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Osum Shakespeare and the mincemeat of English by S Subrahmanya Sarma

by on April 18, 2012

People tend to express anguish and anger at the way English is used in the Facebook. An attempt is made here to examine whether or not such ‘English’ is acceptable and why it is used in the Facebook.

English is not monolithic or monochromatic in its structure. Its polyphonic nature lends itself to experimentation. Even in the period of Old English (500 AD to 1100 AD), people indulged themselves, coining new words which were then called ‘kennings.’— [Ofer ‘hronrade’ hyran scolde—translated into Modern English as “over ‘whale-road’ (kenning for ‘sea’) hear should…” (Beowulf)]

In India, the educated elite is mostly familiar with only one form of English that is ‘Standard English’ and is not familiar with other dialects, for example cockney which writers like Shaw and Eliot explored. We are not familiar with the dialectal variations of English, their pronunciation or syntax. For example, an Australian’s answer “I came here to die” to a question “when he arrived in India” makes one wonder why he came all the way from Australia to India to die.

So any deviation from ‘Standard English’ makes us feel that English is being “butchered” though such variations and deviations are viewed as inevitable processes.

Even in the Old English period there were four main dialectal forms, Mercian, Northumbrian, Kentish and West Saxon, of which West Saxon slowly acquired supremacy thanks to the great King Alfred. During the Middle English period (1100 AD to 1500 AD), the dialects were Kentish, Southern, Northern, East Midland and West-Midland, of which the West-Midland seemed to have acquired greater currency. Later, several factors led to the evolution of ‘Standard English,’ which gained global currency though other non-standard dialects such as Cockney, Dorset and Scottish do exist.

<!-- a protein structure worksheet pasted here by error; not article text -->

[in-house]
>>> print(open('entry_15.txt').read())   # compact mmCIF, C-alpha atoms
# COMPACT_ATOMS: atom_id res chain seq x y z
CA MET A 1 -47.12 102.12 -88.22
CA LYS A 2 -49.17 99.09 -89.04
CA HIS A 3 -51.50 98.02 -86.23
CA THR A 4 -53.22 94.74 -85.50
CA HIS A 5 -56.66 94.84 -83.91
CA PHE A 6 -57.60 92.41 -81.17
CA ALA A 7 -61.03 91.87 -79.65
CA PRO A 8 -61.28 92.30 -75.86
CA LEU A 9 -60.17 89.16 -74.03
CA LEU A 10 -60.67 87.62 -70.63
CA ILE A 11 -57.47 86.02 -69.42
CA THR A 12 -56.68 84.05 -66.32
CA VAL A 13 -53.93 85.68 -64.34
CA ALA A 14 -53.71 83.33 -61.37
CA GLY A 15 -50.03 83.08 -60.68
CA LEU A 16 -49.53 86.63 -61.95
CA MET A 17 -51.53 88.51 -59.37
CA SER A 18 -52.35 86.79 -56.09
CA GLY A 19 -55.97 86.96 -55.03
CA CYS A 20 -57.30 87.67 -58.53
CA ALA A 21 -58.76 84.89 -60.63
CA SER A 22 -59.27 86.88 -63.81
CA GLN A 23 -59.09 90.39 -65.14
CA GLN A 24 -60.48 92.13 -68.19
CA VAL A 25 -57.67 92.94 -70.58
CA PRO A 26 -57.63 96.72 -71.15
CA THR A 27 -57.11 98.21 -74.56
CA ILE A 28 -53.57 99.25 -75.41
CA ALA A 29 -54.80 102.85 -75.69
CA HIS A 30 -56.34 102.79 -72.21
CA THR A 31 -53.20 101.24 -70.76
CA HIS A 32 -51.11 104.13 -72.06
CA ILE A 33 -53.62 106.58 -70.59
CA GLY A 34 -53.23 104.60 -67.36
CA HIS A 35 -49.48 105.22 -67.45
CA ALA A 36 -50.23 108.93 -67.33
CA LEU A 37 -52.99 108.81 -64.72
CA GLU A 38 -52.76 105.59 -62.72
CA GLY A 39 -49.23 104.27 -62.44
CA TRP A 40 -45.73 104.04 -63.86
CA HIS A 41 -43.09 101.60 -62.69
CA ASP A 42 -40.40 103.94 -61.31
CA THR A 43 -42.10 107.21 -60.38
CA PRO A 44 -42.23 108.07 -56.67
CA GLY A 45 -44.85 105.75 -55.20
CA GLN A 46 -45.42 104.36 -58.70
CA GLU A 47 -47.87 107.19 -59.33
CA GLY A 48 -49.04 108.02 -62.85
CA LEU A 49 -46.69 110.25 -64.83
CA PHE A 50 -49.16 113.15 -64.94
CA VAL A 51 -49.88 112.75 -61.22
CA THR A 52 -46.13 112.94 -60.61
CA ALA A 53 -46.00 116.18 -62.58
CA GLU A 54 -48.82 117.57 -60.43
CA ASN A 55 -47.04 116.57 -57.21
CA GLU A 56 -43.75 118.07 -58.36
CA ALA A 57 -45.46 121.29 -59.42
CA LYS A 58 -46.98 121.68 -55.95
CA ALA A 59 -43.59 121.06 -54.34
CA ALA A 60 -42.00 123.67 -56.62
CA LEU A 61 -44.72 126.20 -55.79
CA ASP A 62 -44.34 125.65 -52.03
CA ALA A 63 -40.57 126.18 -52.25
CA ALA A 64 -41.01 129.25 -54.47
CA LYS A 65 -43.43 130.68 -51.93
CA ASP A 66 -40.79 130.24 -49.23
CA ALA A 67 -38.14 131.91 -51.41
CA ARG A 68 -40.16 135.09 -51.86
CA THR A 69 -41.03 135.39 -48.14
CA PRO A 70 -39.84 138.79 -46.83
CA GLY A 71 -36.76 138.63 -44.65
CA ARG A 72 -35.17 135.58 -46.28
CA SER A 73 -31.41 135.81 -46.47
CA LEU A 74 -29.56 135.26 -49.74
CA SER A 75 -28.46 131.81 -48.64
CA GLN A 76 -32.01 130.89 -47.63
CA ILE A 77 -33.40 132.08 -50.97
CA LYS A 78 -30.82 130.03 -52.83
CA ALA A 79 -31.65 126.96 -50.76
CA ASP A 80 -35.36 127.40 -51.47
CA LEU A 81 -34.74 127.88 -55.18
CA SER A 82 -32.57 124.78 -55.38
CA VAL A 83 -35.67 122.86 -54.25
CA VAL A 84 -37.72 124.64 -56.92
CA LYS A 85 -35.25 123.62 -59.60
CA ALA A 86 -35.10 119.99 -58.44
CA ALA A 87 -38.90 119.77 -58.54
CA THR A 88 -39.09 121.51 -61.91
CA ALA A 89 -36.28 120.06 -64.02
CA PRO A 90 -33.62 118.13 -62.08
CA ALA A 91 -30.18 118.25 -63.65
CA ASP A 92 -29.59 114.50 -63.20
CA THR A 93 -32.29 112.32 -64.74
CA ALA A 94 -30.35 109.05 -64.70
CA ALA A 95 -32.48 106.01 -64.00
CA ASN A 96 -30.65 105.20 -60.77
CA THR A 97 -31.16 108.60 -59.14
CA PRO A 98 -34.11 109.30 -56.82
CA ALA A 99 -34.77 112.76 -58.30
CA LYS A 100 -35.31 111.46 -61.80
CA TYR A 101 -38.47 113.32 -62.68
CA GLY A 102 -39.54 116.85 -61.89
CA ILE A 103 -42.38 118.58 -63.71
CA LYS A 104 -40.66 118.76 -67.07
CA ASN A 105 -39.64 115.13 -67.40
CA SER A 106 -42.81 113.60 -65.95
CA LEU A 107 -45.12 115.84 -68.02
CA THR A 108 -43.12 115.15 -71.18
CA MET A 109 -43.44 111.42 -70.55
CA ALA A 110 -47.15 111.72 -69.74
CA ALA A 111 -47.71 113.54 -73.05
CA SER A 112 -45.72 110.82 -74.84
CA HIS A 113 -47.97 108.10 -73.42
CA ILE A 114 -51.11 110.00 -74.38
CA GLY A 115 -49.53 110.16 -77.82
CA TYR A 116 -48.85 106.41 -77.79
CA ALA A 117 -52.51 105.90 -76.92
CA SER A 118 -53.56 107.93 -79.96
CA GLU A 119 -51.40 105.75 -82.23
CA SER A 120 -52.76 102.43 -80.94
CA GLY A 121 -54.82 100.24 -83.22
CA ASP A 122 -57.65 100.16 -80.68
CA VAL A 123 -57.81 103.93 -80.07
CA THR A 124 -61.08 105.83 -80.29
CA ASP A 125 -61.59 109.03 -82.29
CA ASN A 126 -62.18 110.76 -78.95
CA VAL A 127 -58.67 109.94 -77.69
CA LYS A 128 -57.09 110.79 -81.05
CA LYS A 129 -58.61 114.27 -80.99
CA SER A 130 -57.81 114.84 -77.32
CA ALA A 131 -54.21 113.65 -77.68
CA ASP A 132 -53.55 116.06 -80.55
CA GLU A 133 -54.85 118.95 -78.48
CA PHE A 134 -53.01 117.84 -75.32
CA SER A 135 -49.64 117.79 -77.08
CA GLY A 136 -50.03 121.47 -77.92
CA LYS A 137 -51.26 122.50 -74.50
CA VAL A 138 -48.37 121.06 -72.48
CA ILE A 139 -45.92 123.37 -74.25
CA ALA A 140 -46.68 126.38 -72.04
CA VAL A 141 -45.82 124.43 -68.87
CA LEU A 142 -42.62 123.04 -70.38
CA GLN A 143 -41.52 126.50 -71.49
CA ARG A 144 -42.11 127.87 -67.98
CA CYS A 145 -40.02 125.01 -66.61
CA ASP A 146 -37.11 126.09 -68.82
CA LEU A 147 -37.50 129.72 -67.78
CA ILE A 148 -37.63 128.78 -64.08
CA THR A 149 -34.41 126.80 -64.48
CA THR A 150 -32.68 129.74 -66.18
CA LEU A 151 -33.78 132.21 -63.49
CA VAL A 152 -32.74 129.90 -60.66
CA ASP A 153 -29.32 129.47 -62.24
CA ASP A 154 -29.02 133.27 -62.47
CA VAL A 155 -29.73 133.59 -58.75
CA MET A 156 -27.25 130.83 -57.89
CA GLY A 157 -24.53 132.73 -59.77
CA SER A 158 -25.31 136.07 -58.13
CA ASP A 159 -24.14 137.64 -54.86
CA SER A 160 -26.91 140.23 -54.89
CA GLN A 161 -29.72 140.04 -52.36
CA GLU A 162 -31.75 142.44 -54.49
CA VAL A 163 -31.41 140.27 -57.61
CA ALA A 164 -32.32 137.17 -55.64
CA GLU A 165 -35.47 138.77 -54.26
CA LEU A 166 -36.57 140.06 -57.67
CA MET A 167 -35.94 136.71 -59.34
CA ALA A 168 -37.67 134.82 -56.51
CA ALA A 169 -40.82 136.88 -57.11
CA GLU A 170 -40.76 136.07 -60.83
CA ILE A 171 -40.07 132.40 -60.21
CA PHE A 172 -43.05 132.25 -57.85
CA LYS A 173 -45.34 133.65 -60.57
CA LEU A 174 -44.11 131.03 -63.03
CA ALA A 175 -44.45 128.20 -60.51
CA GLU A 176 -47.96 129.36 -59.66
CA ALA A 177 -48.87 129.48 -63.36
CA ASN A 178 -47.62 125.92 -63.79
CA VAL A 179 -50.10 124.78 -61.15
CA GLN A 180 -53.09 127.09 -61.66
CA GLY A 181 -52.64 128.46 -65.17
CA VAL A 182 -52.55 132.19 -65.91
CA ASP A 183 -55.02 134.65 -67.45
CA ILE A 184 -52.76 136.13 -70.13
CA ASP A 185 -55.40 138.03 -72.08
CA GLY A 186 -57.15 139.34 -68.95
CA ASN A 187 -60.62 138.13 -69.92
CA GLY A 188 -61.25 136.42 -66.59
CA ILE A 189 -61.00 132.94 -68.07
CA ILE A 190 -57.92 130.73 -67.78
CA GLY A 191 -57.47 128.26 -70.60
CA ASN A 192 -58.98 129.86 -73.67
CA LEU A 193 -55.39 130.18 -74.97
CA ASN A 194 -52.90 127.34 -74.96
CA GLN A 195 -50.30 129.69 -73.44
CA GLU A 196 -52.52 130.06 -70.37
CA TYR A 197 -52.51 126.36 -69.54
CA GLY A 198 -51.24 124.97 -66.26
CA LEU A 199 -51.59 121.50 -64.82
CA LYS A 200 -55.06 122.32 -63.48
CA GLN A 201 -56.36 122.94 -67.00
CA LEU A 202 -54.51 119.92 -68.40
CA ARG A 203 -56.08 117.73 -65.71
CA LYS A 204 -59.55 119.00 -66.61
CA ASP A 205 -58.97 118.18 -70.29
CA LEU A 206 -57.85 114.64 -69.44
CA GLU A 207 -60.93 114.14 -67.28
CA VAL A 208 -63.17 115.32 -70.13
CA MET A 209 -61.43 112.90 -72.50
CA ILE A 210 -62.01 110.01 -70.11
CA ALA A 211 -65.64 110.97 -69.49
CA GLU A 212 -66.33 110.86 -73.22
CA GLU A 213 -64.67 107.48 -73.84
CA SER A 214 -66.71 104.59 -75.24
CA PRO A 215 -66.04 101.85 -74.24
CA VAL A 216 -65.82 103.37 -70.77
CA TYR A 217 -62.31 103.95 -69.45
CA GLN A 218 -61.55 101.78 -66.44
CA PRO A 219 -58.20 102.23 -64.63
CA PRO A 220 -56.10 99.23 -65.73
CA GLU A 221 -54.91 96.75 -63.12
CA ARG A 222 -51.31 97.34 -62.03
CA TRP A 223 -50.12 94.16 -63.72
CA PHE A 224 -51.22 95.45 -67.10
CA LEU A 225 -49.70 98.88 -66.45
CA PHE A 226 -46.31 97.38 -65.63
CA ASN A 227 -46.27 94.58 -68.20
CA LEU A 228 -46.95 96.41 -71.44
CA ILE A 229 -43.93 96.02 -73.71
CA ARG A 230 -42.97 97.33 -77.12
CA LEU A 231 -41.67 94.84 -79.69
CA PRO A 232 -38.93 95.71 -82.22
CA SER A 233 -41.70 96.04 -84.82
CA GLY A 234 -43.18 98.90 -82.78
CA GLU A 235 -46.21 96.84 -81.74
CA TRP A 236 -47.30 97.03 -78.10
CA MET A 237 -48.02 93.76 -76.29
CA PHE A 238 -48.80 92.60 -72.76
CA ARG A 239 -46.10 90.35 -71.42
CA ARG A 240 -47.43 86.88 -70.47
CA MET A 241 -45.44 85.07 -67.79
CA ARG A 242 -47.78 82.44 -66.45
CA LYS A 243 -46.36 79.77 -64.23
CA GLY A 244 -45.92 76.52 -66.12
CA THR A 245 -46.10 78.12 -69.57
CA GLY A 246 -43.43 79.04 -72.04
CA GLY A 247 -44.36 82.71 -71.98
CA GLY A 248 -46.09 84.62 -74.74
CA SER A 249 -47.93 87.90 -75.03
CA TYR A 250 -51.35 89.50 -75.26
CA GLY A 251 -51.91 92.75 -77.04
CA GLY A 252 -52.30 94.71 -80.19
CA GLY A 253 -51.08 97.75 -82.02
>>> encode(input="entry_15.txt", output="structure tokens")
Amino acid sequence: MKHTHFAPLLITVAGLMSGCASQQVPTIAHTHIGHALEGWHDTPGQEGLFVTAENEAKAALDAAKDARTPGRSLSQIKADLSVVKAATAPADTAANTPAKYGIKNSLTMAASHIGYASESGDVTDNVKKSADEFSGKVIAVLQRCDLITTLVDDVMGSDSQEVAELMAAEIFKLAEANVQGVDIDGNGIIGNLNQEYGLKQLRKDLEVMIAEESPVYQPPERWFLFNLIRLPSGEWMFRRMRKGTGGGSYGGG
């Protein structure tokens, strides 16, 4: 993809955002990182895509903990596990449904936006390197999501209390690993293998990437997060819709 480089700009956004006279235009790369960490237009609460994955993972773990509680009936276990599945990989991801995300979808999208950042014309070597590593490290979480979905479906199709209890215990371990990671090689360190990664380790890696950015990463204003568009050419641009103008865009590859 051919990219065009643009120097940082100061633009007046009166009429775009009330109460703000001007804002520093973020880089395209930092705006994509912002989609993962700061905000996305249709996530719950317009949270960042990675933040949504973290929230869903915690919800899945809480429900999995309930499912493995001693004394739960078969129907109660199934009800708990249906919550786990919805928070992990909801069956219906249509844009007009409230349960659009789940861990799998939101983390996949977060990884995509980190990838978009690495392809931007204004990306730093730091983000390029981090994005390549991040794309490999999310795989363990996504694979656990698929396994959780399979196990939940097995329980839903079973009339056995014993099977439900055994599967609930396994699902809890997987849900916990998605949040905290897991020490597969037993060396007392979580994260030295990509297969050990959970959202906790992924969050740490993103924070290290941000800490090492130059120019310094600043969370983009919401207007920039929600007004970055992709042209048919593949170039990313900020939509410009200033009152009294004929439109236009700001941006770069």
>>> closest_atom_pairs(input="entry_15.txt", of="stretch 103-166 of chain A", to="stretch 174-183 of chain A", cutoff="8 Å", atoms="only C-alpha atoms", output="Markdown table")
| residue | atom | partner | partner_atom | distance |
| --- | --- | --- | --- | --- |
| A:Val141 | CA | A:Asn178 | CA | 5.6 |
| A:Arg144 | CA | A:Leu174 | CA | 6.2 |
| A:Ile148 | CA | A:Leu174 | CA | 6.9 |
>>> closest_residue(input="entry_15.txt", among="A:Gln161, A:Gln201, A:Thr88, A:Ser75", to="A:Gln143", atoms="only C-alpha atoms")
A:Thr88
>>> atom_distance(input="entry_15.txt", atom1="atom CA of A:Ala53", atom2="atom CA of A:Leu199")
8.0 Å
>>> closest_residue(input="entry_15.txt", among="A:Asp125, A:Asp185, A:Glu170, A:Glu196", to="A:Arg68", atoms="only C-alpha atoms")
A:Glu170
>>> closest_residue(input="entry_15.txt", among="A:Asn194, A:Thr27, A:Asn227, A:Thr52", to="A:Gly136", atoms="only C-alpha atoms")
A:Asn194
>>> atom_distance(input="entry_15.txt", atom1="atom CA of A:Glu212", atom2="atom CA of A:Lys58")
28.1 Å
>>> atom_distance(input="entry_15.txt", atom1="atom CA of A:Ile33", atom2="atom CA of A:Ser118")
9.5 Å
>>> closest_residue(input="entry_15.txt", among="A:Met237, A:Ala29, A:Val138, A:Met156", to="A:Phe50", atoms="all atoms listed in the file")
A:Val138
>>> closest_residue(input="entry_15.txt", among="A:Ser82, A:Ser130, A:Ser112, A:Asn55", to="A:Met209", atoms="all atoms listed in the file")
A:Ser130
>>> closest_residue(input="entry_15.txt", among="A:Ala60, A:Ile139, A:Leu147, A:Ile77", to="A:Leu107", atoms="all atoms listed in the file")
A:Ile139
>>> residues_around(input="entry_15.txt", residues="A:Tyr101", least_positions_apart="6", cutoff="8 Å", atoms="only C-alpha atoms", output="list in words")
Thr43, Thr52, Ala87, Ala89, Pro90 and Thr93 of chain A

However, as Peter Trudgill says, “Standard English is simply one variety of English among many and it is a sub-variety of English.”

One writer who is known for his extensive inventions, deviations, coinages and making contractions is Shakespeare.

His words came largely from a manipulation of the then current language. He coined many words by switching words from one part of speech to another. He turned nouns into verbs, adjectives into verbs, verbs into adjectives, adding prefixes and suffixes. The following is one such example of an adjective being modified as a verb.

Will all great Neptune’s ocean wash this blood

Clean from my hand? No, this my hand will rather

The multitudinous seas incarnadine,

Making the green one red

(Macbeth 2-ii)

The word “incarnadine” was used as an adjective only in Elizabethan days and Shakespeare for the first time used it as a verb.

David Crystal, talking about The Language of Shakespeare, refers (quoting Shakespeare) to one of his coinages thus:

Can this cockpit hold

The vasty fields of France—

(Henry V-prologue)

“Why did Shakespeare coin a new word ‘vasty’… To have written ‘the vast fields of France’ would have caused an unwelcome jerkiness. (In) ‘The…fields of France’ we need a two-beat adjective to fill the gap, expressive of great size; ‘vast’ is the obvious choice but it has only one syllable. Large, huge and great are available but they have wrong rhythm… adding an adjective-forming suffix—y is an attractive way of solving the metrical problem.”

Even when English was restricted to Britain during Old English, Middle English and the early stages of Modern English, there were several dialectal variations. However, when English acquired an international dimension, its dialectal variations such as American English, Australian English, New Zealand English, Indian English and South African English present a global stage for people to interact, which fact initiates an inevitable process for a common dialect.

And this inevitable process leads to a uniform approach in the Facebook, maybe omitting the vowels or using shortened forms such as ‘osum’ for ‘awesome’ or introducing numbers for spellings (4 for ‘for’, ‘gr8′ for ‘great’, ‘2morrow’ for ‘tomorrow’ etc) . All this might create a new dialect, (NETLINGLSH?). Only the future can answer.

No doubt, it is clearly deviating from the ‘Standard English’. However a dialect is generally not treated with derision, simply because it is non-standard. This is also a sub-variety of English.

If Shakespeare were to live now, he would perhaps add one more piece of work to his dramatic oeuvre by introducing the English found in the NET.

The writer is Professor of English, Arba Minch University, Ethiopia.

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